I just returned from an Elderhostel trip to Utah which included a stop at Dead Horse Point State Park overlooking the Colorado River. The legend behind its name, currently cited on the State Park literature, is that in the 1800s cowboys used the point to catch wild horses. With sheer cliffs on all sides and an access only 30 yards wide, the point made a perfect trap. Cowboys herded horses onto the point and built a fence across the narrow neck to create a natural corral. According to legend, a band of horses left corralled on the waterless point died of thirst within view of the Colorado River 2,000 feet below.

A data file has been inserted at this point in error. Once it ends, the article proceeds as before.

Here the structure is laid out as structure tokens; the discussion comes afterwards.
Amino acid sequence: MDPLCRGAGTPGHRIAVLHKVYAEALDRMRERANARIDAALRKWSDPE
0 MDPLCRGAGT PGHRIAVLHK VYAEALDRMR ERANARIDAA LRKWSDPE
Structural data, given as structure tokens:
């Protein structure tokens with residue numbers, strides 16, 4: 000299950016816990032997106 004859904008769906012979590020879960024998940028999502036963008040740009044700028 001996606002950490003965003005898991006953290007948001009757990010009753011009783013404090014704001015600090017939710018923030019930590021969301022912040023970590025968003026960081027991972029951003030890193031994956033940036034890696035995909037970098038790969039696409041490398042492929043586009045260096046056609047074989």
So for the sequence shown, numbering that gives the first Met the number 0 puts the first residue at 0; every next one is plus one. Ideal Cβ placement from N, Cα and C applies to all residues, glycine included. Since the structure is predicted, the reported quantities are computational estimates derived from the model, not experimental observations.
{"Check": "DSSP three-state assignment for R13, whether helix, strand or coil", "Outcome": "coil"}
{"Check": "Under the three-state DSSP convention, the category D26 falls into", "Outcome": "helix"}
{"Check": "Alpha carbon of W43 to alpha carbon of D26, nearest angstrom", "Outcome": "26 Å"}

Our tour coordinator, Marcia Cooper, who grew up in Moab, UT, about 25 miles away, had a different story. She said when the first Mormon pioneers visited the point in the 1800s; one of them spotted a rock formation below and said “that looks like a dead horse.” The name stuck, but later local officials decided they needed a more dramatic story to publicize the area. A contest was held with area school children and the one who described the trapped horses won. I think I’ll go with Marcia’s version.